Then, the federal government talks about the two hour long telephonic conference call where some joined, some left, others joined. Who would they be? Well, they would be Illinoisans, obviously.

In our fourth year of Thomistic Ethics, when he turned to the subject of graft in politics, aged Fr. Ernie (who had been domiciled in the monastery since he was 14) said, “gentlemen, graft in political behavior may be described as the acquisition of money, position or property by dishonest or questionable means, as for example the taking of one’s official status in the administration of government. First we must distinguish a sincere gift from graft proper. The more I think of this gentlemen the more I think this will be in the finals. How do we distinguish a sincere gift from graft proper? In practice the difference between gift and graft is not difficult to distinguish. How would you distinguish it…Mr. Roeser? You say—what?

“You say…WHAT? Repeat. Well, not exactly sir. You may sit down. The answer is equity. EQUITY. Equity requires the best person be chosen for a given post without denying the right of preference for those with whom the man in public office is more familiar and friendly. But if an appointment were to be made in consideration for a sum of money or other benefit donated by the appointee…why, then, this is stealing in disguise. Gentlemen the bell that rings ends our discussion—but remember: it is not enough to abstain from graft or from dishonest practices when the persons in question have been duly elected or appointed to positions of public trust. They are to behave in such a way that the people’s trust in their integrity not be jeopardized.”

Who would those Illinoisans on the phone be? They probably would be Emanuel and Axelrod for two. Are their participation evidence of culpability? No. Representing Obama, they have the perfect right to talk with Blagojevich. But by talking to this checkered man were they prudent? Ah, the matter of prudence again. In the fourth year discussing Aquinas’ view of ethics, old Ernie…laboring with a bad chest cold:

“Is prudence a virtue necessary to man? What does Aquinas say about it. Before we get to that—WHERE does Aquinas say it? Mr. Roeser. You say what? WHAT? I CAN’T HEAR YOU. Ah, now I can. Yes, you are correct, sir, in the 4th article on the intellectual virtues. Now what does he say about prudence, Mr. Arth? Mr. Arth? Did you hear me? I asked, what does he say about prudence. All right, I’ll help you. Is prudence a virtue necessary to man? Yes, sir you are correct. This class is alert today! Prudence is necessary for human life because the good life consists of good deeds. Now, in order to do good deeds, it matters not only what a man DOES but HOW HE DOES IT. Consequently an intellectual virtue—which is what prudence is—is needed in the reason to PERFECT the reason…to make it suitably affected towards things ordained in the end—and this virtue is PRUDENCE! Consequently prudence is a virtue necessary to lead a good life.”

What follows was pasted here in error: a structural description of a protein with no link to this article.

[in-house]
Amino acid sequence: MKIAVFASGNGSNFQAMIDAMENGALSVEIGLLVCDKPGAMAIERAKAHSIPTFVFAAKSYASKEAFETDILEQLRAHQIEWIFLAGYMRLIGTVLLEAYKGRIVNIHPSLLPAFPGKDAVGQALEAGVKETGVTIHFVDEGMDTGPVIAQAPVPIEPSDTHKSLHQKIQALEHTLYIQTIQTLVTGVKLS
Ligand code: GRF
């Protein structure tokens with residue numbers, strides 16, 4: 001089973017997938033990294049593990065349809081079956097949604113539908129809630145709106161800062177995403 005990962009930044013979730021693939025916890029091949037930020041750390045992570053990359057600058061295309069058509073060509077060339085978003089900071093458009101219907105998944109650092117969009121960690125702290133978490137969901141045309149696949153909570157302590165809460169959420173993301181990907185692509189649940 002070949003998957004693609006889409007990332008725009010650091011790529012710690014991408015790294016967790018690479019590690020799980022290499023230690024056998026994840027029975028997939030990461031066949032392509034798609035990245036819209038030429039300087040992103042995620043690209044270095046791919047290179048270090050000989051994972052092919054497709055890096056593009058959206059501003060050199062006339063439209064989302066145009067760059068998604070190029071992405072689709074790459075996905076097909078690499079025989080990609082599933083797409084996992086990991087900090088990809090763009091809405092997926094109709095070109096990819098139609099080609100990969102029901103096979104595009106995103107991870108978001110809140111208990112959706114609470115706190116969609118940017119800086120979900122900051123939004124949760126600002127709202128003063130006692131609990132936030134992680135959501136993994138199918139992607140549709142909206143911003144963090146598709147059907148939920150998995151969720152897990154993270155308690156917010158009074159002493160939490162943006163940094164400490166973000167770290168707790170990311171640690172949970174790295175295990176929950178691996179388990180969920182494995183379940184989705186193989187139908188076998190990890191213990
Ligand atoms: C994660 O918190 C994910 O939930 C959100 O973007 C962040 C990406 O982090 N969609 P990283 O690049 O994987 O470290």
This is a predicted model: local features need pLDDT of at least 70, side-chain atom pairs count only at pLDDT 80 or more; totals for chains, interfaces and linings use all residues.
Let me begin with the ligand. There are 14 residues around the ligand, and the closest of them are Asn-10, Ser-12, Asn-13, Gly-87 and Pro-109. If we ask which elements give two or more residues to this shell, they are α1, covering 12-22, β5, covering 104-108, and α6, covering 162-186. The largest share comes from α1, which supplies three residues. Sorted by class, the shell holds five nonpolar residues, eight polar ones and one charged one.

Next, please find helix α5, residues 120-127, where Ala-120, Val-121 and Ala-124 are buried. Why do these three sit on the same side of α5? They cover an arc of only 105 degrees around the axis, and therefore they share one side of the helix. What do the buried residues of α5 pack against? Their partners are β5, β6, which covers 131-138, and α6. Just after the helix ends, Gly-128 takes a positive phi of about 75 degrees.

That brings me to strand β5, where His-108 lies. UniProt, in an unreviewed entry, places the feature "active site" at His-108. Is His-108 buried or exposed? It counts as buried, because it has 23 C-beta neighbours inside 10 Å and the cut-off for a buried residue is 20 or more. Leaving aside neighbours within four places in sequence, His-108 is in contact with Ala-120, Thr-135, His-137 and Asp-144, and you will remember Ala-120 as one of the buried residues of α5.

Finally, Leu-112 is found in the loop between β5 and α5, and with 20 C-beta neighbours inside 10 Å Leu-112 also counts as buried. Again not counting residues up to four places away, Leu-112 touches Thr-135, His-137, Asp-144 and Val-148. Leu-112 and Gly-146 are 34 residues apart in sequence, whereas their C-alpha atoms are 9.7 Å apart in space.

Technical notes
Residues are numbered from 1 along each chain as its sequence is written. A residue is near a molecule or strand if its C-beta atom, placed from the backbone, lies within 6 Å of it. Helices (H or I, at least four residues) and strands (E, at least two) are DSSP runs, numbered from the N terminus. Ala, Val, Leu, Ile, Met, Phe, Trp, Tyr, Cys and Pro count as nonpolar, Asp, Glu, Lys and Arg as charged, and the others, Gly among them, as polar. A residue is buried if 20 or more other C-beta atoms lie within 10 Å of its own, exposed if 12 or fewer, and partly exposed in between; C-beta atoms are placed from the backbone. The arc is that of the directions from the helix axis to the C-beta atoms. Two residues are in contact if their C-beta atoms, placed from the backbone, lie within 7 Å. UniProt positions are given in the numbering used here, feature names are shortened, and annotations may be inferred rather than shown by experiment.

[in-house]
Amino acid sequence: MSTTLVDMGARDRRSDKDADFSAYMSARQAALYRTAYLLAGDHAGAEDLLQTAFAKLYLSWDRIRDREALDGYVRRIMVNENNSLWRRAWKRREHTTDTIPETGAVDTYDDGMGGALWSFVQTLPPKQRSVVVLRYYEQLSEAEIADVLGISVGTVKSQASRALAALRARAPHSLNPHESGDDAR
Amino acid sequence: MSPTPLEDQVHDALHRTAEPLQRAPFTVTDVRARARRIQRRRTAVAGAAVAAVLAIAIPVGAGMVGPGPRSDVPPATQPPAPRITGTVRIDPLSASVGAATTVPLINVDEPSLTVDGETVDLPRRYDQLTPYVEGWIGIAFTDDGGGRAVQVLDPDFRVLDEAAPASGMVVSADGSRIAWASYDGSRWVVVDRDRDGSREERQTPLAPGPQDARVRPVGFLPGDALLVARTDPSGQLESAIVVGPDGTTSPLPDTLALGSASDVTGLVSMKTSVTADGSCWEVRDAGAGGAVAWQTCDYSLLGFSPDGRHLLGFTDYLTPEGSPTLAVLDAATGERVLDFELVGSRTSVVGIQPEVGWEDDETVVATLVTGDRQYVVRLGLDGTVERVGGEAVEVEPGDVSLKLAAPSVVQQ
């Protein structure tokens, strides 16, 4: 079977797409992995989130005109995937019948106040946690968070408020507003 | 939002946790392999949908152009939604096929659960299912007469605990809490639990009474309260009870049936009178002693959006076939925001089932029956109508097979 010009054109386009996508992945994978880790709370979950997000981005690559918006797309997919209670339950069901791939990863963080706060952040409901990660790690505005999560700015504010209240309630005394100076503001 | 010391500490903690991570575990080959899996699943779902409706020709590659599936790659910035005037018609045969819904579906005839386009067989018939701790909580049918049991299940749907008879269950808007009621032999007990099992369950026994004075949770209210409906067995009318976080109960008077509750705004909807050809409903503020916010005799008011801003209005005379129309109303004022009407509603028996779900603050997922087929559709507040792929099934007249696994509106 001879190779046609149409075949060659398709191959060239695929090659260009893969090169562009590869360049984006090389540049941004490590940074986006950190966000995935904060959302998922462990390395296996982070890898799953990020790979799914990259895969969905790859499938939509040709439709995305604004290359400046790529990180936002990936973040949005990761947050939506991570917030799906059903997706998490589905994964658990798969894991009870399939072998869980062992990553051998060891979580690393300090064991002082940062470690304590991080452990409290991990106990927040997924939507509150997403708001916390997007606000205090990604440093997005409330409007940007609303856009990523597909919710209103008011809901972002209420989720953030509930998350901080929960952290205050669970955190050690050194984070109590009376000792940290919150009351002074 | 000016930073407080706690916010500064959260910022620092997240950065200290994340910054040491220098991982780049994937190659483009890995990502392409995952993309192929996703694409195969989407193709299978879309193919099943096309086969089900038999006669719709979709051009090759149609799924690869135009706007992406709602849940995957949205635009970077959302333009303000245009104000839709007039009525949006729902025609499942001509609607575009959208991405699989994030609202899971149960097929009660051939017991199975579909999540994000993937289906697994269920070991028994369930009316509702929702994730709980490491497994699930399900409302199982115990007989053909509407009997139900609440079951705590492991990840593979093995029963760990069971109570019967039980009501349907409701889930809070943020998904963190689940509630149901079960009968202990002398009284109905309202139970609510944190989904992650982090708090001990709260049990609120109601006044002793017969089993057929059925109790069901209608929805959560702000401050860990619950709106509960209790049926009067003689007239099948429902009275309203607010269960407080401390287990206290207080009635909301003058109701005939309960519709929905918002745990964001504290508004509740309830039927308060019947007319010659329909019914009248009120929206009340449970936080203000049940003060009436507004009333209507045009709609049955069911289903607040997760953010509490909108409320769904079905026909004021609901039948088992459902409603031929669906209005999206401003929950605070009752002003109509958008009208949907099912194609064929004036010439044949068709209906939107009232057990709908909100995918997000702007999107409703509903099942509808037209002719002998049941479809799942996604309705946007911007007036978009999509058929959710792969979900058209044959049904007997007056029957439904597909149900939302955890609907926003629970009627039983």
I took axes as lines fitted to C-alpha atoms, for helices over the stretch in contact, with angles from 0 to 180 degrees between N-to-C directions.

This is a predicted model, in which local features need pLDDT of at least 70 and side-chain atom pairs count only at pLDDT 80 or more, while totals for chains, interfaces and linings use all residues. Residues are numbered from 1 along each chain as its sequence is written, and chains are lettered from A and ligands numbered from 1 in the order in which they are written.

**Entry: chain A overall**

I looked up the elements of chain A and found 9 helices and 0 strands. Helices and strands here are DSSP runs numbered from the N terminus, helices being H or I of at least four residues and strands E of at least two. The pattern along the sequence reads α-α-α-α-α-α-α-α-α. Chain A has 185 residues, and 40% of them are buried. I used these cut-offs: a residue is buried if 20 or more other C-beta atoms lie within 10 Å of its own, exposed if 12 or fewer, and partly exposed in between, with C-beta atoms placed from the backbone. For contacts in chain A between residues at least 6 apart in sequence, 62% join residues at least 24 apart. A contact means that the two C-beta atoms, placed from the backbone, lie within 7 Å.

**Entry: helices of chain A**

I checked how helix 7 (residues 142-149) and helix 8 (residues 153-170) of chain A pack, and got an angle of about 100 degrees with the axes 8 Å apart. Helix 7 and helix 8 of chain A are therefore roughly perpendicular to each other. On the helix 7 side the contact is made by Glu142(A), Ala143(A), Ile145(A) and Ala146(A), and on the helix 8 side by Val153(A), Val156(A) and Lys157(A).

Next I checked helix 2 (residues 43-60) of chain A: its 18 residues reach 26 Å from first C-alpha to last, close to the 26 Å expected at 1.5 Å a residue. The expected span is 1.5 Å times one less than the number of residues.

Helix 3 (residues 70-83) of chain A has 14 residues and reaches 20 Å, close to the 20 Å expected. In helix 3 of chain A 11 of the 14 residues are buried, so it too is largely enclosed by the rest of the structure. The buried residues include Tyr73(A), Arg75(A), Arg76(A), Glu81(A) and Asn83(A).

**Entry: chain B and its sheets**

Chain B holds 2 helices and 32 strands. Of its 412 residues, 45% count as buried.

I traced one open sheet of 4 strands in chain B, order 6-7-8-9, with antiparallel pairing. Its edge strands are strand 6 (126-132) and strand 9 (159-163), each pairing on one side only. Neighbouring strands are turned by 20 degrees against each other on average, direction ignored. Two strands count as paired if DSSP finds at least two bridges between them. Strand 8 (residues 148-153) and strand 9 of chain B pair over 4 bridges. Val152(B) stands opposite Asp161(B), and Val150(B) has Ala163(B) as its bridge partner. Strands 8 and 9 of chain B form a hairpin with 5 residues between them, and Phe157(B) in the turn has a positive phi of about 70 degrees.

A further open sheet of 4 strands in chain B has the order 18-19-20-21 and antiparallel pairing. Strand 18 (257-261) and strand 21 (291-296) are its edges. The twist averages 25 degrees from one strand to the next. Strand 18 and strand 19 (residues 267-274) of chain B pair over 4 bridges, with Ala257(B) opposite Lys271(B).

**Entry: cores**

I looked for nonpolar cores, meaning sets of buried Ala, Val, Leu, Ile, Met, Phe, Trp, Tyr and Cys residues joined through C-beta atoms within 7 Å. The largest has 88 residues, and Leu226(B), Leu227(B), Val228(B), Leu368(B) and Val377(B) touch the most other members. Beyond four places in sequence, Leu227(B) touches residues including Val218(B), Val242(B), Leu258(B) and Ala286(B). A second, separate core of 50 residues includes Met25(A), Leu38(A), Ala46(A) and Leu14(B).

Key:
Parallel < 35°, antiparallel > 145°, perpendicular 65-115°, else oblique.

Some say Obama has not been drawn in to this matter. To that conjecture I agree. But it seems evident that his staff has…Emanuel and Axelrod—others as well. If so, by even talking to Blago given his reputation and the likeliness of the federal probe, they have sorely failed the test of prudence more than a month before they are to take office to help their president. And Rahm Emanuel most of all. As incoming chief of staff, as shrewd as they come, he should have avoided talking with the leprous Blago.


  1. It may be a good time to remind us how lucky we were to have Peter Fitzgerald as our US Senator. If it wasn't for Peter, things wouldn't be getting the degree of cleaning they are now getting.

    Tom, please remind your readers/listeners

  2. It is interesting how the Illinois liberal media covers the political sins of the politicians as long as they tow the LIBERAL political line........